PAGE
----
Shops that install multiaxis CNC equipment are immediately faced with a paradox: The multiaxis CNC was acquired because it has the potential to dramatically improve accuracy and machine cycles while improving overall machining capabilities. However, to achieve all this, you have to put your investment at risk by allowing the equipment to operate swiftly in many, often simultaneous, dimensions and this increases the potential for catastrophic collisions exponentially.
What often happens, particularly for first time users, is that the shop “babysits” the machine, programming it to run conservatively and requires someone to watch over it to ensure it stays out of trouble. For the sake of safety, the shop sacrifices all the benefits of efficiency and creativity that the multiaxis CNC system can provide. This approach is, of course, a tremendous waste of both manpower and machining capacity.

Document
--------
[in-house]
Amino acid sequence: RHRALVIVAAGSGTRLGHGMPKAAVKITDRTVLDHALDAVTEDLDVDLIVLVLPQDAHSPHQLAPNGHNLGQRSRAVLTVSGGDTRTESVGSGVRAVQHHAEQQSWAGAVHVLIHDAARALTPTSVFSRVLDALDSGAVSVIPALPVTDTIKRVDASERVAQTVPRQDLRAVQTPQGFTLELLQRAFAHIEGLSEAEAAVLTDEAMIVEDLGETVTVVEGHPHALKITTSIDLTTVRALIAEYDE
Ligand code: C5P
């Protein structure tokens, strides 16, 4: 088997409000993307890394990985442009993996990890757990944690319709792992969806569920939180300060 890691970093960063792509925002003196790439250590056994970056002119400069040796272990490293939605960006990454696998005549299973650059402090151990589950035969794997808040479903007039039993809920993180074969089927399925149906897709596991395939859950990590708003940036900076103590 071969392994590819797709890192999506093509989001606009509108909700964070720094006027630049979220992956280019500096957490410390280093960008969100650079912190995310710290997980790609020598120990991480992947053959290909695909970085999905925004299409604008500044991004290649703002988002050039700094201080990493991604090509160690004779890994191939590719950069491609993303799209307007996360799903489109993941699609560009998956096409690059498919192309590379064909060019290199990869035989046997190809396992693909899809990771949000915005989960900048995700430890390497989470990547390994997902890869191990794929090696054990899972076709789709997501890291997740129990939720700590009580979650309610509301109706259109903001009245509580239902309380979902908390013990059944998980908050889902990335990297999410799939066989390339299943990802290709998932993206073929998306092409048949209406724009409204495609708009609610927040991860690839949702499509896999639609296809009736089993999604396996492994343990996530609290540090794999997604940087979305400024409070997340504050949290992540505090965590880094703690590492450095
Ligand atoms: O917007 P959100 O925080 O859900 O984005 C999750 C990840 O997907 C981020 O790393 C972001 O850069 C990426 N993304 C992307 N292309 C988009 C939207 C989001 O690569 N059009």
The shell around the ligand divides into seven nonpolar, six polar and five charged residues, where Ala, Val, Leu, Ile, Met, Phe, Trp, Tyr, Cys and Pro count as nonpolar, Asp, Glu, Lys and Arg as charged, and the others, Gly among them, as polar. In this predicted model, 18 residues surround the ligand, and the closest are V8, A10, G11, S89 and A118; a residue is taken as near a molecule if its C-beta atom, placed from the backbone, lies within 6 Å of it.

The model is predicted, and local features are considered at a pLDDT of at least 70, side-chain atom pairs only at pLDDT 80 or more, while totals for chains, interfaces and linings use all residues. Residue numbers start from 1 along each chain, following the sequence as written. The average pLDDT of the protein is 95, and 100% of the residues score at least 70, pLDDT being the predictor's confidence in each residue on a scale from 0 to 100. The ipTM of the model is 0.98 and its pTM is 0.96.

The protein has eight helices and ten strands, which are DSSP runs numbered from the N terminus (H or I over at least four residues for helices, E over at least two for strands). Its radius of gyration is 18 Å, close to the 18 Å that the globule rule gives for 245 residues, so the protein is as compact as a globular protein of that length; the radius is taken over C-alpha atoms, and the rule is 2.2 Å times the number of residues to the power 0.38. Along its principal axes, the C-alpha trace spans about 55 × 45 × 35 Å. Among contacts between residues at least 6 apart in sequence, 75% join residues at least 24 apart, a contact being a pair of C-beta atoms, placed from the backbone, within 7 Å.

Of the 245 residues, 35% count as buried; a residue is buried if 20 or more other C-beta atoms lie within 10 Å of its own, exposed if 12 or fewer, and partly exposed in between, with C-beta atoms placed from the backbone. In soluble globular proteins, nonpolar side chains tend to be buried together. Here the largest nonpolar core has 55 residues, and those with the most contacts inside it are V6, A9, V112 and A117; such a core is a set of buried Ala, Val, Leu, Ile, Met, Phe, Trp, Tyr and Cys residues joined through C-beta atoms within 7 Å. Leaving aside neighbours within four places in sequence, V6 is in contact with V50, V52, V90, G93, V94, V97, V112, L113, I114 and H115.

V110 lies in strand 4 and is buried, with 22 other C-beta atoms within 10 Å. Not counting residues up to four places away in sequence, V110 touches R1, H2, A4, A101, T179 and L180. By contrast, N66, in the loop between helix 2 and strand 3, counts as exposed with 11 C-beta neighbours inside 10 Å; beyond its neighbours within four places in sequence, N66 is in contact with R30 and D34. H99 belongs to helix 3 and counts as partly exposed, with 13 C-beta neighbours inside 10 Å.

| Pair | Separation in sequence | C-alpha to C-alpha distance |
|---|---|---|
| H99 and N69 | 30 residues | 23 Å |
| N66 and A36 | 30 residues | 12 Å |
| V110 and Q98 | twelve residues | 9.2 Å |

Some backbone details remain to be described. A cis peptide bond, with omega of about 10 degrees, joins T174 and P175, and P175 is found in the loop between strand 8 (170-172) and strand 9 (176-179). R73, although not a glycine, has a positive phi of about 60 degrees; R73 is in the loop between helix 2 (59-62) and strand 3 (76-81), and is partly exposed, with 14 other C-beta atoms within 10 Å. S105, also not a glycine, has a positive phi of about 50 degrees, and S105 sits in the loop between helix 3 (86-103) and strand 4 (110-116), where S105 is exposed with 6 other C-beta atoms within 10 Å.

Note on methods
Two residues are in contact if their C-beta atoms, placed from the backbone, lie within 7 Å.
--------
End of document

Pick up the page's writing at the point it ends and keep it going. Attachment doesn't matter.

Multiaxis users need to get past this stage as quickly as possible. They can accomplish this by becoming proficient in machine simulation.
Machine simulation provides you with additional layers of visualization, so that you can zoom in and zoom out at will, to observe everything that will happen during your machining process. You can move the simulation along very quickly in program segments where you are certain that the part, tool, holder fixtures, and peripheral devices (e.g. robots) are in no danger of colliding. When everything is happening in a confined space, you can slow the simulation down to observe these interrelated movements in slow motion or step through them in block fashion.
Do you have a game changing machine simulation application?
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